Why Does My Filler Rod Melt Back?

Avoid the most common beginner mistakes and get the TIG welding basics right. Here I lay out arc length, torch angle, and show why the filler rod sometimes melts back. At the end is a video using these fundamentals to show how to dab and weave.

Stainless filler rods balled up on end from too long arc length.

What is Arc Length?

The distance from the tip of your tungsten to your work piece (whatever you are welding on) is your arc length. Almost all problems faced by new TIG welders are either from arc-length, or some form of contamination.

As you can see above, technically, the arc cone branches off the tungsten a little higher than the tip (in the taper), but when you are practicing and learning, thinking about it emerging from the tip of your tungsten in a triangle shape that spreads out as is travels is a good idea. 

Arc Length Training

You want to hold an arc length around 1/16 of an inch above your puddle. The problem is you DON'T want to be looking or checking your arc length while welding. If you do, your eyes will cross the bright arc and you'll have difficulty seeing your puddle and surrounds.  As you get more experienced, you'll be able to tell from how your puddle behaves, with a little guidance from your peripheral vision, if your arc length is correct.  But how do you first learn arc length control when you're new and learning? 


Dry runs. Hold a 1/16" filler rod flat on your table or a plate.  With your welding machine off, hold your torch to the side of the rod and try to match the 1/16" gap with how far your tungsten is off the table (your "arc length"). Pull the torch forward and try to maintain the same arc length as you go.  This will help train your hand and muscle memory how to hold a steady arc length while moving forward. 

Torch Angle 

Torch angle and arc length are connected, but we'll get into that in the next section.  It's a good starting point to hold your torch at around a 15-20 degree forward angle.

There's nothing wrong with holding it vertical, but it becomes harder to see what you're welding because you have to get a lower line of sight.  A forward angle also helps preheat in front of where you want to go, and the puddle follows heat. Don't worry about getting an exact torch angle. There's a ton of leeway here and arc length is more important to get right. A slight forward angle just helps set you up for success while learning.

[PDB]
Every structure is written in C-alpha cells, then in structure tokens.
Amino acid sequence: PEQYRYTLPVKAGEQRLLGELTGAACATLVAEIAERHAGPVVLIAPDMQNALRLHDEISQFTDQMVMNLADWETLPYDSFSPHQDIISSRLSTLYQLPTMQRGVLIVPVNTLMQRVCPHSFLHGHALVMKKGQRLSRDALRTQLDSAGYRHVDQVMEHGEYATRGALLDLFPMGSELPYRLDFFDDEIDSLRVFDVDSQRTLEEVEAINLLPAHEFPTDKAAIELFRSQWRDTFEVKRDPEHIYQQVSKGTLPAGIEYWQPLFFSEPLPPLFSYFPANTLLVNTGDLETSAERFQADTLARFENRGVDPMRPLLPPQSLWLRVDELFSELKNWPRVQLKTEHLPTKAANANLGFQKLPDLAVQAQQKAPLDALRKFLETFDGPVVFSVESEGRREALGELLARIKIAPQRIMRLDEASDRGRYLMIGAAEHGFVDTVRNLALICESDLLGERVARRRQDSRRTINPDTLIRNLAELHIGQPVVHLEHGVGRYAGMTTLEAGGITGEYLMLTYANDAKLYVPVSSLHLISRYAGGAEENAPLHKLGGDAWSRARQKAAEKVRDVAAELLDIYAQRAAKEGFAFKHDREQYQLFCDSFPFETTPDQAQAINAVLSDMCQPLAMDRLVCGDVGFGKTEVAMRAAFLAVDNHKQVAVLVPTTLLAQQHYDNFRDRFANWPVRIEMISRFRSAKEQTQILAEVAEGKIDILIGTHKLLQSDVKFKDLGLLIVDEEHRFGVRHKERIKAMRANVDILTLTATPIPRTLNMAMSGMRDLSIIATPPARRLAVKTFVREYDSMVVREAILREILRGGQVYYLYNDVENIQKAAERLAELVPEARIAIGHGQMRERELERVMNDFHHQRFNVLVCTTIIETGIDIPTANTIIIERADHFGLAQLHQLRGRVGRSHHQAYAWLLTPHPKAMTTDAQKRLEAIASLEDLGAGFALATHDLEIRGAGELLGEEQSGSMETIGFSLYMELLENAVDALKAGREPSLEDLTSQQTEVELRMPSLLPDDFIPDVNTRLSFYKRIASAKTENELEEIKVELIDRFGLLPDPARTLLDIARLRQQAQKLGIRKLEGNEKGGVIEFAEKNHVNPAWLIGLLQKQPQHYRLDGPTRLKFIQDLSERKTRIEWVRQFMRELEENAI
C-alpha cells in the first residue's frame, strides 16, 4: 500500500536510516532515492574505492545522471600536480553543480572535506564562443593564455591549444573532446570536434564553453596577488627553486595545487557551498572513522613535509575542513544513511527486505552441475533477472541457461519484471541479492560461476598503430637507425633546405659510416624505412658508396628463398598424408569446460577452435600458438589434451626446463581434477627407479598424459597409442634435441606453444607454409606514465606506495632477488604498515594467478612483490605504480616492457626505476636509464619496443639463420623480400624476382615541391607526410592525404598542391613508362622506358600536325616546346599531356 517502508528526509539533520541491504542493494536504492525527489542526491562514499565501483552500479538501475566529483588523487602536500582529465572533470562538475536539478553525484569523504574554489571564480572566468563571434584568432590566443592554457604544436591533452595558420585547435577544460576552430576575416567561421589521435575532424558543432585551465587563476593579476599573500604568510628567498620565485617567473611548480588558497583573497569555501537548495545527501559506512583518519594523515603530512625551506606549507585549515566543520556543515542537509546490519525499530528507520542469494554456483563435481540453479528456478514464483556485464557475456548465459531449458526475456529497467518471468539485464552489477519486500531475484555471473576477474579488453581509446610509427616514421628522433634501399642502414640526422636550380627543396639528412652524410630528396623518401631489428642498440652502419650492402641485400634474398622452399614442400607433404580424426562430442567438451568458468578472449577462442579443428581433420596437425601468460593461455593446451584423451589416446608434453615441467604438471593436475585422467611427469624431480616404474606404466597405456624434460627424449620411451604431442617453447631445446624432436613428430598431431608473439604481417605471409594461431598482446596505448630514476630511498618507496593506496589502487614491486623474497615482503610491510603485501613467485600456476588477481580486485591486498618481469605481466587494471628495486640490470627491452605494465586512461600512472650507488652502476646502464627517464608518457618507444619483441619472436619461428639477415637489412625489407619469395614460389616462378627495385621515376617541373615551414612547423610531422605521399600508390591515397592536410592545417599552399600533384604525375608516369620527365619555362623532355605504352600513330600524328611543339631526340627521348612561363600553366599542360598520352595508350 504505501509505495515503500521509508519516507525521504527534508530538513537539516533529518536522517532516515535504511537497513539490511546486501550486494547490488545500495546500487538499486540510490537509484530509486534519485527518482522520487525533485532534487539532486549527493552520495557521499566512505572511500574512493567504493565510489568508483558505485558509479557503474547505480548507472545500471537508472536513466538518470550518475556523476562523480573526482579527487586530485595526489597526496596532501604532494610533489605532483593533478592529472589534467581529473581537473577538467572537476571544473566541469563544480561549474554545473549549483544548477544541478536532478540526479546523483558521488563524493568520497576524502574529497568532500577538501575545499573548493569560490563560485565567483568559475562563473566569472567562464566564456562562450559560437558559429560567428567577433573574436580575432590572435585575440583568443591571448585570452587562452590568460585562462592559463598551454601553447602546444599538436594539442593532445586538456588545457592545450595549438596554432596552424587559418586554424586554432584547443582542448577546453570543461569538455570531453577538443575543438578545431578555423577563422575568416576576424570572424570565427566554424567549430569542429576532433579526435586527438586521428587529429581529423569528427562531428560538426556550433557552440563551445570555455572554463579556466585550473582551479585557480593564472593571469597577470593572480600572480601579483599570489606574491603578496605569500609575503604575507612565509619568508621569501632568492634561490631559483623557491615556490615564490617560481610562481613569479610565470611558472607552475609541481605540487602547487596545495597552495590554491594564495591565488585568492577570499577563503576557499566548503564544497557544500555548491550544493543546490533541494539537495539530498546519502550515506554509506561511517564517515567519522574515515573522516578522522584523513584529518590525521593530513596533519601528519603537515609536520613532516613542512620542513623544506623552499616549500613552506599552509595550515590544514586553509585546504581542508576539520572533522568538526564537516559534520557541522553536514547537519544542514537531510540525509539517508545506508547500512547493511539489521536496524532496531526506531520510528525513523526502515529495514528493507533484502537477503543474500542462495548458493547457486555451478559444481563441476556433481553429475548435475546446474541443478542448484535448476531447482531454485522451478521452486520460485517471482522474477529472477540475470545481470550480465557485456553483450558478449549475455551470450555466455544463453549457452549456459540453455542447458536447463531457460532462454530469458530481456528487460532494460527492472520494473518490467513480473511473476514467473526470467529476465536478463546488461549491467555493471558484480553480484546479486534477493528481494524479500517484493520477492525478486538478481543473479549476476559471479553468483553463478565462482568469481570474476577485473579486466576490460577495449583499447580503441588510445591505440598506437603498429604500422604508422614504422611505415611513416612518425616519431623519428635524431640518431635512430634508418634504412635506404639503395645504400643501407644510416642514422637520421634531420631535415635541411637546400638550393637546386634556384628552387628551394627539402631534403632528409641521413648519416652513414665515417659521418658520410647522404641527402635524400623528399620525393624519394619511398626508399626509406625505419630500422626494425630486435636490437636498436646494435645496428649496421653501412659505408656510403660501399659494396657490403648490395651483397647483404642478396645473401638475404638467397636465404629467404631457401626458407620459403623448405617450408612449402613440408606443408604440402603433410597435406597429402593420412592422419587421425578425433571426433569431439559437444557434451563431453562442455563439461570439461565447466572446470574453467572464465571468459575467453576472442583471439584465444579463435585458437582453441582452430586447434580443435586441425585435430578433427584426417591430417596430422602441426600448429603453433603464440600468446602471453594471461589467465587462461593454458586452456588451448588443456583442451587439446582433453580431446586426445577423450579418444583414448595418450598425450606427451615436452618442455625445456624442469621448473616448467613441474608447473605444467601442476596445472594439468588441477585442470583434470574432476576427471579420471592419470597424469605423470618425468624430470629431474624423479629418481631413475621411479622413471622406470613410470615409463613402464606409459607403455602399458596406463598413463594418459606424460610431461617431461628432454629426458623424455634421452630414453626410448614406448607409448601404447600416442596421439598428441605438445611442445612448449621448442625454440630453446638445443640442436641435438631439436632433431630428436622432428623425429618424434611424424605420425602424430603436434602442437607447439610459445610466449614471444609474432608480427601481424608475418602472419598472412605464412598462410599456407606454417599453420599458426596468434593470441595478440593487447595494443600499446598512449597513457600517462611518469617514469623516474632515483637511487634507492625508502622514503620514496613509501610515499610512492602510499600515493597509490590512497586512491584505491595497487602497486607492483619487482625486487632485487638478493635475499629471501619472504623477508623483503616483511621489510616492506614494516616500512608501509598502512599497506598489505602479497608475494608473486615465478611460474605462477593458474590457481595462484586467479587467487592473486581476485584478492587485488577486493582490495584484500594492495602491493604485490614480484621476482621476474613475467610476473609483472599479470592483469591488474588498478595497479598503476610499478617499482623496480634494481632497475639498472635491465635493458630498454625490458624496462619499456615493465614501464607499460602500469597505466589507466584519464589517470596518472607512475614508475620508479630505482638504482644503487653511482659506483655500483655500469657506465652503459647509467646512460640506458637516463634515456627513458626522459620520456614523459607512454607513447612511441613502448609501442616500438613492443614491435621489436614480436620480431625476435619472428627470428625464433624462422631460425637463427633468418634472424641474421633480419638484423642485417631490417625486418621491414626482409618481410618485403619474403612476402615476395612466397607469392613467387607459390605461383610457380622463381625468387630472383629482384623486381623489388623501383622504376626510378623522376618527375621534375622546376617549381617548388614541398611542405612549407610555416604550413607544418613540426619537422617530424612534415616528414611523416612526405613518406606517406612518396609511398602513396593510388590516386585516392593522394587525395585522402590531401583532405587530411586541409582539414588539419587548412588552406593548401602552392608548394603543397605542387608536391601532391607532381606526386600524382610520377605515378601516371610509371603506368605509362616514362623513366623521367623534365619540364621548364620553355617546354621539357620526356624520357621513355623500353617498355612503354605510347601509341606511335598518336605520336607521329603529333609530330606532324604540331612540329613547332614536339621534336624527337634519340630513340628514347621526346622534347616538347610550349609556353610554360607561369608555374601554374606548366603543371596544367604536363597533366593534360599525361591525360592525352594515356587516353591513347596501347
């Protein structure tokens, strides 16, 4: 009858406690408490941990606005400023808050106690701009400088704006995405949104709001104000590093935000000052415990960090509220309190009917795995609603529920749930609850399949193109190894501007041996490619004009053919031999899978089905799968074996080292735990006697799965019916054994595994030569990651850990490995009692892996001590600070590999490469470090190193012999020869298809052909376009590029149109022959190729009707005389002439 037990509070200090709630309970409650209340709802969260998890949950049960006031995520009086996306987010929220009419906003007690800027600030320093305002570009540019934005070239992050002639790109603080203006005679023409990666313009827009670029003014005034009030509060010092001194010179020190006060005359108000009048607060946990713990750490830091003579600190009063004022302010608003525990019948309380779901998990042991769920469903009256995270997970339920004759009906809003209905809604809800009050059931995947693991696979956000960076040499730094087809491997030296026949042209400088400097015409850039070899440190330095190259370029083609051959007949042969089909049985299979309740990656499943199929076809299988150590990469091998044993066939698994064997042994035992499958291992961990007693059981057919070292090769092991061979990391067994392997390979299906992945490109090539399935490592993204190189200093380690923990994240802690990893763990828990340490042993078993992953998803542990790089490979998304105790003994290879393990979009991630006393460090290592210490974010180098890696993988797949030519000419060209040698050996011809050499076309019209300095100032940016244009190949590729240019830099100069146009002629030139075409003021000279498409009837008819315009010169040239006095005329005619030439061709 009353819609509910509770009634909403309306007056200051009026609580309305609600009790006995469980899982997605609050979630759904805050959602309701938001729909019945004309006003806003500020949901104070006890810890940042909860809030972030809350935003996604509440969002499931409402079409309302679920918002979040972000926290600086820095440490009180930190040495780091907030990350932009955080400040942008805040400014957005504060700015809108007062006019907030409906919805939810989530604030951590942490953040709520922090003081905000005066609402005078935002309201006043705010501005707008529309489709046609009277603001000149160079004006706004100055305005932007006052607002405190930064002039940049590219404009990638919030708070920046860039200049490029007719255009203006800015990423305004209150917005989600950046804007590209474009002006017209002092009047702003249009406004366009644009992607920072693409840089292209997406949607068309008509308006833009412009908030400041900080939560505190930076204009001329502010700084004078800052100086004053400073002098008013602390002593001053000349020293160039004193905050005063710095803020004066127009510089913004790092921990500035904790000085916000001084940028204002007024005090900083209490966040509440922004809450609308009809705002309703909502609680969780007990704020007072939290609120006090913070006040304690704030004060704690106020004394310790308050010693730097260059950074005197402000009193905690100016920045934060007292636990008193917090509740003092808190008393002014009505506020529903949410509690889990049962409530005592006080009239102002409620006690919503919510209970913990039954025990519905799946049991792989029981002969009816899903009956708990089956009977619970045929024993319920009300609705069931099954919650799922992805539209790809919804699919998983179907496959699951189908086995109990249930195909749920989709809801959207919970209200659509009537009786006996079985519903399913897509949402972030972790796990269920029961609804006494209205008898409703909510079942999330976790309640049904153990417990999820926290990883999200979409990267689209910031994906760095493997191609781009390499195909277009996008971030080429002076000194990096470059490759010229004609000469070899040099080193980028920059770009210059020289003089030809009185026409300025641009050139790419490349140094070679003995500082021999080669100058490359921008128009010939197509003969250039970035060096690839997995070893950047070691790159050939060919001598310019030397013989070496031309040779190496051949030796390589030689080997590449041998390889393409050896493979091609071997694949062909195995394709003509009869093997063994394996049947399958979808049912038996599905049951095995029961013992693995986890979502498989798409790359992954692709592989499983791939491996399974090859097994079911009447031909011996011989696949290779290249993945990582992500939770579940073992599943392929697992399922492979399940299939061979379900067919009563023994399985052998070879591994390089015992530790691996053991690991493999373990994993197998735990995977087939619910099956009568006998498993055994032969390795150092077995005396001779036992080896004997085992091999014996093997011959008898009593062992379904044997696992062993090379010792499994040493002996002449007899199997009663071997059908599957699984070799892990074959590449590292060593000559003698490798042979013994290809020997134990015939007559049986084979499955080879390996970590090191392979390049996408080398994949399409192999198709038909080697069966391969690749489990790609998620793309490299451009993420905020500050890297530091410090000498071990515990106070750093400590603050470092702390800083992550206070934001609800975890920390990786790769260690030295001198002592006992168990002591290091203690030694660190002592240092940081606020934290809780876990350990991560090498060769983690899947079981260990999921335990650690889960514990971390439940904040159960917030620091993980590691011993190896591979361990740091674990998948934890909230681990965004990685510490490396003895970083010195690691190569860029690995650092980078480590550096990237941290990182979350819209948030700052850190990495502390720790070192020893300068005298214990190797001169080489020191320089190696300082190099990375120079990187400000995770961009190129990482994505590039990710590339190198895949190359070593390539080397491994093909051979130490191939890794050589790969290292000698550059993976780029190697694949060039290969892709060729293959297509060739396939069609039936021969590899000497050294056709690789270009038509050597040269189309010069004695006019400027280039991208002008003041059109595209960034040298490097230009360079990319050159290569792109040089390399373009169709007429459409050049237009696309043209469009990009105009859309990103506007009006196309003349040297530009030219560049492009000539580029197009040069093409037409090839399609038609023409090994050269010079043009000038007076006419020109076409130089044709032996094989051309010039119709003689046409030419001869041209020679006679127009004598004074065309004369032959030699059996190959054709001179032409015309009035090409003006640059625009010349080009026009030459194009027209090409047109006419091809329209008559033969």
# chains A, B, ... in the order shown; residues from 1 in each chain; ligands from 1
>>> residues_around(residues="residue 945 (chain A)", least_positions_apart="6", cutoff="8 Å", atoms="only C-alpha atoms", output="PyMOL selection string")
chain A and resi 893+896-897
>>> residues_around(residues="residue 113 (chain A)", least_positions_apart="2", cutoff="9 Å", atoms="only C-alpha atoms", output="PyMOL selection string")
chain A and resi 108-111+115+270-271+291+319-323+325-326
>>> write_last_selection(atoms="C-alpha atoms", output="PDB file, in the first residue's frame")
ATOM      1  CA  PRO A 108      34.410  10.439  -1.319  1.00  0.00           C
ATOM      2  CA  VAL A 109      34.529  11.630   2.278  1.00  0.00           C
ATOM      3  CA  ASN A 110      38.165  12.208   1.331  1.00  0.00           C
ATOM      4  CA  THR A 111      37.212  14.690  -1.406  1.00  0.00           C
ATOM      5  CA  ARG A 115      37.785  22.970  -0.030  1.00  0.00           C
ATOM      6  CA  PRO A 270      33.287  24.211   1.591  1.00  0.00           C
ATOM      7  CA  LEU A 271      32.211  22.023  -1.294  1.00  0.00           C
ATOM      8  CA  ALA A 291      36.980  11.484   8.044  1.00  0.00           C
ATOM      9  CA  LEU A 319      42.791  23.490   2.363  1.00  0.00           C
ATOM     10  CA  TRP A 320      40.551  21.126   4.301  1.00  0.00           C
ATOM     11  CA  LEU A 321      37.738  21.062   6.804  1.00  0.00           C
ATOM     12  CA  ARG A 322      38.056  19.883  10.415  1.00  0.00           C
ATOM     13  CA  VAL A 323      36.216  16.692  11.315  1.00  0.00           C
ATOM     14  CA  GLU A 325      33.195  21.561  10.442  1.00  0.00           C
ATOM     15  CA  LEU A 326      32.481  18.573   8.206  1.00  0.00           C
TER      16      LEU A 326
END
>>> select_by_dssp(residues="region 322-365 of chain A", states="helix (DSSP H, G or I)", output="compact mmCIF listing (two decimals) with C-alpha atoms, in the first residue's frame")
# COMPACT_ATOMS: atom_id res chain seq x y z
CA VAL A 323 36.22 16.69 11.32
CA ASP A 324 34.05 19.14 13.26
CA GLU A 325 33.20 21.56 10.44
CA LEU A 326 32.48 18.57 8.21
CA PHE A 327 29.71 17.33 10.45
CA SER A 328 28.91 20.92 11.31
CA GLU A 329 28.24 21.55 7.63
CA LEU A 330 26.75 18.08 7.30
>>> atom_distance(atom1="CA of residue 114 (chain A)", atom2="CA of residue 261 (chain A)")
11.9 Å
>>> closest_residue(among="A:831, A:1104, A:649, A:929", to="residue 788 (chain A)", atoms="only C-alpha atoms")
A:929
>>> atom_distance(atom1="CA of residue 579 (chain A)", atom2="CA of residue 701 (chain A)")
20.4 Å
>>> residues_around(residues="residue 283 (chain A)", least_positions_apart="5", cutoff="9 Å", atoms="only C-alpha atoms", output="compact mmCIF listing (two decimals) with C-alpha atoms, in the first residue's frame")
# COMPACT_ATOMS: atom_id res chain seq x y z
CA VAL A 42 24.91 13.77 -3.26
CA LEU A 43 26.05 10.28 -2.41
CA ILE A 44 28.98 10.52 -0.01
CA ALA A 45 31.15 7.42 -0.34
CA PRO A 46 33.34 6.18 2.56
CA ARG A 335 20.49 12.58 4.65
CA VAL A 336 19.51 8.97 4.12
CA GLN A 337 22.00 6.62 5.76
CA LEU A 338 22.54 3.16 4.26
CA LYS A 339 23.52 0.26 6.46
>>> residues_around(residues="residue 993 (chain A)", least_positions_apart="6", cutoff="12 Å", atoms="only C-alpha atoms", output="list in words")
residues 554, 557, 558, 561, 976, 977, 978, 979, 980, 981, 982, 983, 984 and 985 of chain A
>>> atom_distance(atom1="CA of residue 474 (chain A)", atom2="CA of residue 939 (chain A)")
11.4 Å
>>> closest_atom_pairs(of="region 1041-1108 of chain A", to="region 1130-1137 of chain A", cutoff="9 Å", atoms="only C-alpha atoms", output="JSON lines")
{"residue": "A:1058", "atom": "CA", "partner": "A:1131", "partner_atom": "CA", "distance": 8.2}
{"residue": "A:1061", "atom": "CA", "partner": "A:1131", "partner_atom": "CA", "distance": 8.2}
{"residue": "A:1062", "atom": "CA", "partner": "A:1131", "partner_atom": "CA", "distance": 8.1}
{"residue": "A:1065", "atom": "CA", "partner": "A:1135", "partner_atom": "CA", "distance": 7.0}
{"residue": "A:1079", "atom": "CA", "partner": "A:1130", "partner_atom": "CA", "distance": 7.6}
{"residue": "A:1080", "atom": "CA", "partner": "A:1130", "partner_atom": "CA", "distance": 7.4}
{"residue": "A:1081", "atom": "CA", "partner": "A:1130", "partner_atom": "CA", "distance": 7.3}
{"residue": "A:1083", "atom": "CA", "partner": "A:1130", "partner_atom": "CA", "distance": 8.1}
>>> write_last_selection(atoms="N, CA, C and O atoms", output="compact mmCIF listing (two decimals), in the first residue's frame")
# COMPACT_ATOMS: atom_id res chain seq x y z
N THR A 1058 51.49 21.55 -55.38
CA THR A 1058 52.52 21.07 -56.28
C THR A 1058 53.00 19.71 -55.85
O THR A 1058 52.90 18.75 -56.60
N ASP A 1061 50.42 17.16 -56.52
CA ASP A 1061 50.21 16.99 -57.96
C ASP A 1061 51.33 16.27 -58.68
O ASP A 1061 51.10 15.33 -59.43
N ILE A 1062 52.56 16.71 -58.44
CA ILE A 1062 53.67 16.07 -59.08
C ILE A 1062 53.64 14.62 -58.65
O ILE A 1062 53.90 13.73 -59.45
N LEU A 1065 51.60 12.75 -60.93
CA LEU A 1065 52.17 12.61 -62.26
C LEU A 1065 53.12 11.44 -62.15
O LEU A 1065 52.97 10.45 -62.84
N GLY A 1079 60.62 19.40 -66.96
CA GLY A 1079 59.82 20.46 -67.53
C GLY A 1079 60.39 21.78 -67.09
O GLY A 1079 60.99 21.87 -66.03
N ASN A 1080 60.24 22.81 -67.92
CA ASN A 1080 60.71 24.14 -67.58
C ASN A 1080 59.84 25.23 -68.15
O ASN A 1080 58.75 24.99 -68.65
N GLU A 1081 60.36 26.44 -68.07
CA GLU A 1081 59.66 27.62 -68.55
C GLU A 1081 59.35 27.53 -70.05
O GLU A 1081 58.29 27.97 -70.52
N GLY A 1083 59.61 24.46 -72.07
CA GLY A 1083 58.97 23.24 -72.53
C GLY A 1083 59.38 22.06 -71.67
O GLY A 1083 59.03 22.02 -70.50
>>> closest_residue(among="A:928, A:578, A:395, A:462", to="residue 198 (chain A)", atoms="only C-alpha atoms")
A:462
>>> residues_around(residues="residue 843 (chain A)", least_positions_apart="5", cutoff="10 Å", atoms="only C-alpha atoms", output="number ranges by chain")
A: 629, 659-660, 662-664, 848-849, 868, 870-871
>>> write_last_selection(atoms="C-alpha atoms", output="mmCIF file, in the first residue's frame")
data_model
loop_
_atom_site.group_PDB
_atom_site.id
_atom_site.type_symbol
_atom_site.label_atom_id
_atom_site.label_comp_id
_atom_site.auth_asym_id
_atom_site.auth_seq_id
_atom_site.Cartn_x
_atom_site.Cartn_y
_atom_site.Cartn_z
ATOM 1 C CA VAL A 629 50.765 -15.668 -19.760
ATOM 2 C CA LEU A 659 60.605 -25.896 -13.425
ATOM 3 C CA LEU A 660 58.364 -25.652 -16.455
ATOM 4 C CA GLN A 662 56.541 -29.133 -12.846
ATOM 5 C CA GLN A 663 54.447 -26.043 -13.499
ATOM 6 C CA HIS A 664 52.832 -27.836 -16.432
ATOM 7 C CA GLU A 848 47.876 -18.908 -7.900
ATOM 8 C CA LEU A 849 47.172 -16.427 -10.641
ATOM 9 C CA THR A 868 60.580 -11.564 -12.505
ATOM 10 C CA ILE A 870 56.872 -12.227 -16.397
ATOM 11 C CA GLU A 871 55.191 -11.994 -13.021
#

Why Filler Rod Melts Back 

This is one of the most frustrating and common things that happens when you're learning how to TIG weld. But the cause is simple. It's arc length.  When your arc length lifts up too high, the arc extends outside the edge of your puddle.  The higher you go, the farther it spreads out from your tungsten, like an inverted V, hitting your filler rod and melting it back (balling it up) before you have a chance to consume it with your weld puddle. 

 Below is an image of an actual TIG arc melting back a filler rod.  You can see on the left the arc is tight and small (the filler rod is off to the right side).  As the torch lifts and the arc length increases, it spreads to the side and melts the rod back.

You might be thinking, but couldn't torch angle be the reason?  Yes and no. As you can see below, even with an extreme forward angle, as long as the arc is tight it doesn't melt back the rod.  But as I lift the the tig torch and increase my arc length, it spreads out and shoots forward, melting and balling up the filler rod.  The difference is that the more forward the arc length, the TIGHTER you have to keep your arc length.  You can see I don't have to lift the torch as high with the forward angle as when it's vertical.  

The video below reviews these basics, as well as some other tips, and shows how to dab and weave. Check it out! 


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